Shubenacadie Park in Dartmouth unearthed by archaeology enthusiasts
More than 20 people digged for animal bone, pearlware ceramics and pipestems
Ten-year-old Marshall Adams wore a toothy smile as he held a 175-year-old piece of pottery he had just dug up from the ground at a Halifax-area park.
Adams was taking part in a public archeological dig at the site of what is believed to be a worker's cottage or bunkhouse from the original construction phase of the Shubenacadie Canal between 1826 and 1831.
People young and old clutched trowels and sifted through brown dirt and rocks during the two-day dig over the weekend at Shubie Park in Dartmouth.
Adams, who found two artifacts on Sunday, said he wanted learn more about the history of the area.
"It's fun. You get dig into the ground and find a bunch of cool things from the past," said the first-time archaeologist, holding a labelled plastic bag containing his newfound treasure.
Other relics like animal bone, pearlware ceramics and the pipestem of someone named MacDougall, from Scotland, were dug up at the free event, organized by Industrial Heritage Nova Scotia.
Archaeologist Laura de Boer said public digs allow people to take part in uncovering their own heritage. She said her team gains a few artifacts and discovers a bit more about the site, while diggers learn about the area's industrial history.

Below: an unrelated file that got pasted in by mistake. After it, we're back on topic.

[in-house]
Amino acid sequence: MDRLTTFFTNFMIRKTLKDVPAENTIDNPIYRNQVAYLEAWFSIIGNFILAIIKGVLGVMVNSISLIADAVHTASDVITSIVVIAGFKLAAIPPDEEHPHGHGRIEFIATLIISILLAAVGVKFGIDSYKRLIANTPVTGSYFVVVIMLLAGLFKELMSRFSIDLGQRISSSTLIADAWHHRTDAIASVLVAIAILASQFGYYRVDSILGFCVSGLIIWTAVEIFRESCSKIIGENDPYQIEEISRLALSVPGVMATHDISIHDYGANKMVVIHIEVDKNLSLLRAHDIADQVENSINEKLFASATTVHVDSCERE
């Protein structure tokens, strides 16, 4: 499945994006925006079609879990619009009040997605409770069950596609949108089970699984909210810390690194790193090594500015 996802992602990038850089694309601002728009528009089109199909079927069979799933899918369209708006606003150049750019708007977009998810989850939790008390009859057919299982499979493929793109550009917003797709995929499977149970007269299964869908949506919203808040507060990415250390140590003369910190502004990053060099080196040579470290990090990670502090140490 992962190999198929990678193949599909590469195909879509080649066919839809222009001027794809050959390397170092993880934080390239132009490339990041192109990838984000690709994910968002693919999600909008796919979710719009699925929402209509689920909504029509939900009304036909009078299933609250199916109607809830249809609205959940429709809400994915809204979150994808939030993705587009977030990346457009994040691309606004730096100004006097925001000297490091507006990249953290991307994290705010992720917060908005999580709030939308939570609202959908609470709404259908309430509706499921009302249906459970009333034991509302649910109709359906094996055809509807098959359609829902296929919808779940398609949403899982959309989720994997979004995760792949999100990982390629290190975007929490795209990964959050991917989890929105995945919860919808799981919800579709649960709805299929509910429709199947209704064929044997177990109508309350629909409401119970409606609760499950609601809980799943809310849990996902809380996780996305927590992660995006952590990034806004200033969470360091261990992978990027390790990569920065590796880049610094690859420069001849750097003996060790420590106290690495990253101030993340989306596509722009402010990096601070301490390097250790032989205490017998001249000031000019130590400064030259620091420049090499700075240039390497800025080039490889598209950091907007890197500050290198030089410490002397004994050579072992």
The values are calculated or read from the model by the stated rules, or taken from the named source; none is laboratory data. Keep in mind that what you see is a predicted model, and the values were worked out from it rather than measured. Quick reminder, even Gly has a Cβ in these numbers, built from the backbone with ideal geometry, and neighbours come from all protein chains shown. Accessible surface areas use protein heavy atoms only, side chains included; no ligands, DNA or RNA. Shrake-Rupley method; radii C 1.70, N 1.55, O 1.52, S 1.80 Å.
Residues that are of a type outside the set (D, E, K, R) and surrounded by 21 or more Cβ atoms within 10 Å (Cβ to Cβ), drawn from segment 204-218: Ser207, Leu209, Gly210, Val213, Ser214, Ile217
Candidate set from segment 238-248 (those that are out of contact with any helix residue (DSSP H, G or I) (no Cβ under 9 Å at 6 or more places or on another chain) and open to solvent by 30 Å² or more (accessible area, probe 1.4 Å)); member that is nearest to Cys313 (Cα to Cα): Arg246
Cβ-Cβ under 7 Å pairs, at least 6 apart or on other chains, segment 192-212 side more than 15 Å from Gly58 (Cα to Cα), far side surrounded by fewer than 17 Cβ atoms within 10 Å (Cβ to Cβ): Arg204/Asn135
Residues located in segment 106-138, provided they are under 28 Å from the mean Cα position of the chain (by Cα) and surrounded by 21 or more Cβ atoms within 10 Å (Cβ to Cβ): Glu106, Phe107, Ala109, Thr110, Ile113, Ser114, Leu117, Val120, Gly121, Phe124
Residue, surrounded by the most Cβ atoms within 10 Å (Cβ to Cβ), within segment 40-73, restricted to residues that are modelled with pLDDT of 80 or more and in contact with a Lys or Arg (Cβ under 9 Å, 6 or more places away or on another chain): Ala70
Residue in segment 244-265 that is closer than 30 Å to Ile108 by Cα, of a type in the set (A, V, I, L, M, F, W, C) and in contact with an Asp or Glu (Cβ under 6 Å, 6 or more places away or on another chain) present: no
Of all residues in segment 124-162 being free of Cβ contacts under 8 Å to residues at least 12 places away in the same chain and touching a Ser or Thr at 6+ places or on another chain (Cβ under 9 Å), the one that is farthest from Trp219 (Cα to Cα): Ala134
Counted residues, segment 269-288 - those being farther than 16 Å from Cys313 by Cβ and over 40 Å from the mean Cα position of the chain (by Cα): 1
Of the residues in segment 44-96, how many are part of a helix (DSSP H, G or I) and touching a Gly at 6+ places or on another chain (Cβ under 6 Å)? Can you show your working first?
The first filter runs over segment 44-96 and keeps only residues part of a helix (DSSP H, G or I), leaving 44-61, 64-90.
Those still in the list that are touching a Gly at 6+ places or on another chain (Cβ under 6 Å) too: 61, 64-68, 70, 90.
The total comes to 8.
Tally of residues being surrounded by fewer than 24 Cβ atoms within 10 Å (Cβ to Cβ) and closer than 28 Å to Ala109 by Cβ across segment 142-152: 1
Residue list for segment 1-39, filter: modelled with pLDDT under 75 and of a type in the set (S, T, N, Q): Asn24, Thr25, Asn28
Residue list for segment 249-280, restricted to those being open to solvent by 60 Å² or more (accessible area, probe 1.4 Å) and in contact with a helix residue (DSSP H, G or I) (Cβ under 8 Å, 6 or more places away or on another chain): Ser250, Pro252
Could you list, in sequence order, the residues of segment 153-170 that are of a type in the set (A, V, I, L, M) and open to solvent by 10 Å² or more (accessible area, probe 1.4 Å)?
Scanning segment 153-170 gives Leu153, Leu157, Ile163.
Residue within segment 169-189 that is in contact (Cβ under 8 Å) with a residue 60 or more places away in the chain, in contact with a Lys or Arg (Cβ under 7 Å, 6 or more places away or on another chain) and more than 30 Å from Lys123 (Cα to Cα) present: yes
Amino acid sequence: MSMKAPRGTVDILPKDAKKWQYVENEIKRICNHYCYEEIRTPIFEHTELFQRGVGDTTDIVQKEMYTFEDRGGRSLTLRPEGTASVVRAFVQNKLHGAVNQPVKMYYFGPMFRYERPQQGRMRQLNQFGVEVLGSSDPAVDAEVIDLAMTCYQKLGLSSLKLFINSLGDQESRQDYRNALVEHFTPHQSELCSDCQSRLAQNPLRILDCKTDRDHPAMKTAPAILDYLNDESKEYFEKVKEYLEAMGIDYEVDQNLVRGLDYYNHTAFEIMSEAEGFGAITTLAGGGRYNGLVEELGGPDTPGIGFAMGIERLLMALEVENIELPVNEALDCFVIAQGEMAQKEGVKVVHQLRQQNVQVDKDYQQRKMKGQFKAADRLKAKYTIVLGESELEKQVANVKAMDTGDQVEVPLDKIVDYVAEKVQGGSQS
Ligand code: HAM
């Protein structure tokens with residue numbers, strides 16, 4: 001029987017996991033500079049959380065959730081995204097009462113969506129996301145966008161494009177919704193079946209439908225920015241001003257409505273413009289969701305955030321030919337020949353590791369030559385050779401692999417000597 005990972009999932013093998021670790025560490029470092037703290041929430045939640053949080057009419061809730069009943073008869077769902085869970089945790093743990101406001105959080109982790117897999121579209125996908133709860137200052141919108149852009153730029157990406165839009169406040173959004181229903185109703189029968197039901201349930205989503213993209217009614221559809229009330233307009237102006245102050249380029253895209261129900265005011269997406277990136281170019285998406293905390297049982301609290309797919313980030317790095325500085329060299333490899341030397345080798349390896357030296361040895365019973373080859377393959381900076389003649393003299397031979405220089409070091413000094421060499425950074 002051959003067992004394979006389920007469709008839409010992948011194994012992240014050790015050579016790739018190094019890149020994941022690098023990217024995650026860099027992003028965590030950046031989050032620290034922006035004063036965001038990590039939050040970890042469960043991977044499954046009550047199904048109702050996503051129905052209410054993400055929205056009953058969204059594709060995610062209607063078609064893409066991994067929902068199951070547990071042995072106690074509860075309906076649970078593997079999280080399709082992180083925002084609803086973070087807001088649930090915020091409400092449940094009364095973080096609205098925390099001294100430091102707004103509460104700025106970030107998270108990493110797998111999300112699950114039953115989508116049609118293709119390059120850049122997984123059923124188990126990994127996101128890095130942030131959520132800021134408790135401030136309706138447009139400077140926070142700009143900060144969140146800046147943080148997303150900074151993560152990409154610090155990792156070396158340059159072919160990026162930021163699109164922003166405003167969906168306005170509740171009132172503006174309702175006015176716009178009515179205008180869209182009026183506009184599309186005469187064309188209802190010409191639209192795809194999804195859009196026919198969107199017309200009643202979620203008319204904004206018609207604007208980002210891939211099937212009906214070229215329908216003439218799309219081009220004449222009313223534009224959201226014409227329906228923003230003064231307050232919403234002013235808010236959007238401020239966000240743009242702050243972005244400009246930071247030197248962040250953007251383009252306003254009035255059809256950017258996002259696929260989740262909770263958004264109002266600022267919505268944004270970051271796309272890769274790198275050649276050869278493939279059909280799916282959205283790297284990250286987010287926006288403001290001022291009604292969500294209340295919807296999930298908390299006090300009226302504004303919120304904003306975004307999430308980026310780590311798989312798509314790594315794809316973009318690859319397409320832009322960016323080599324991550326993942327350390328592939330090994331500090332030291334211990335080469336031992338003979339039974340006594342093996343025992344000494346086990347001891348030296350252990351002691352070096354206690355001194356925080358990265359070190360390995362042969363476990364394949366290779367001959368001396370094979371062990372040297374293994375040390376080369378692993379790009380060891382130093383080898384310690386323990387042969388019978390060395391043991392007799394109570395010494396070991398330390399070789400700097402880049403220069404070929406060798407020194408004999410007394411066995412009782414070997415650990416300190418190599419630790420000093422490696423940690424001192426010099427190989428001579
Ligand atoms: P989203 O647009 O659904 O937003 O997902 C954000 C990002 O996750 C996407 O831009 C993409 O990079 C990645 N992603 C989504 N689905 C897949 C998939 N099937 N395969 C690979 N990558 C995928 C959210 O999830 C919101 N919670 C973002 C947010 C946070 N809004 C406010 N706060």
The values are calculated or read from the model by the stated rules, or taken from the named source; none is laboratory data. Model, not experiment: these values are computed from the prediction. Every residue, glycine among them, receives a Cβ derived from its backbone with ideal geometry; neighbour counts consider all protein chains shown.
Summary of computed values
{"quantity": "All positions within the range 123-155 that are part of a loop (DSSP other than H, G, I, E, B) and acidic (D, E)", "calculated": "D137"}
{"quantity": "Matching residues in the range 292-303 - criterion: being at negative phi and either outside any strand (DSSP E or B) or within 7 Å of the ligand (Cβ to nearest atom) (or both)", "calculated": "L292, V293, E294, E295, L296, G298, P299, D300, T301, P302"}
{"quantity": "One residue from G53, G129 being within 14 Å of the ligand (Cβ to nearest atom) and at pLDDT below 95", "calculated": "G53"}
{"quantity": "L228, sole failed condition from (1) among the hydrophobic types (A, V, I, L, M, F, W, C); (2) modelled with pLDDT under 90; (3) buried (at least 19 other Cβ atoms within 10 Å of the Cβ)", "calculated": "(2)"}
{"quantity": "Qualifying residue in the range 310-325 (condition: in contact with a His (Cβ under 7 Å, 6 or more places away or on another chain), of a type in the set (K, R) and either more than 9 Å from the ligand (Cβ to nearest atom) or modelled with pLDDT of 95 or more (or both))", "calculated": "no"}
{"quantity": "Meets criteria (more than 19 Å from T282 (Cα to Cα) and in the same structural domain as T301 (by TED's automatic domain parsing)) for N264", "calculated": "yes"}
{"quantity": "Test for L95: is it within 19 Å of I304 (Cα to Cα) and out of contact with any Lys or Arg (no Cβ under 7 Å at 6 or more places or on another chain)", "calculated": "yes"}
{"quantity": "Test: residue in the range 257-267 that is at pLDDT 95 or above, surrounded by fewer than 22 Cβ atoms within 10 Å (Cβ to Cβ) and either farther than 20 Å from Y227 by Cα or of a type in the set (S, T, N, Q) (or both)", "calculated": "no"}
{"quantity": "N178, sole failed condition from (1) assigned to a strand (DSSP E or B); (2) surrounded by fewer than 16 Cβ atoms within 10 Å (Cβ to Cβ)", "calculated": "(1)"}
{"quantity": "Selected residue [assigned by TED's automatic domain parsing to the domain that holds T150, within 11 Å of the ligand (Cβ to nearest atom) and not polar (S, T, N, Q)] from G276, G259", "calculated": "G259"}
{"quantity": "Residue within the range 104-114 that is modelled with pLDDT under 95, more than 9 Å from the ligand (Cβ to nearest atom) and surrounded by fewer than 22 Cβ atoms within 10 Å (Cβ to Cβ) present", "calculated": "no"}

Building awareness of industrial past
"The main thing is to help build awareness about our industrial past. A lot of people are unaware of the Shubenacadie Canal," said de Boer at the site in a wooded area off one of the park's main trails, discovered in 1994.
"It helps encourage people to take part in their heritage, in archaeology, and feel a shared sense of ownership."
The Shubenacadie Canal, which spans 114 kilometres, was constructed because merchants in Halifax and ports along the Bay of Fundy were looking for a faster route to move goods from one side to the other, avoiding the dangerous sail around Cape Sable.
More than 300 workers, many from Ireland and Scotland, arrived in 1826 to begin construction. Work on the waterway wouldn't wrap up until 35 years later.
De Boer said the artifacts will be bagged, recorded and sent to the Nova Scotia Museum.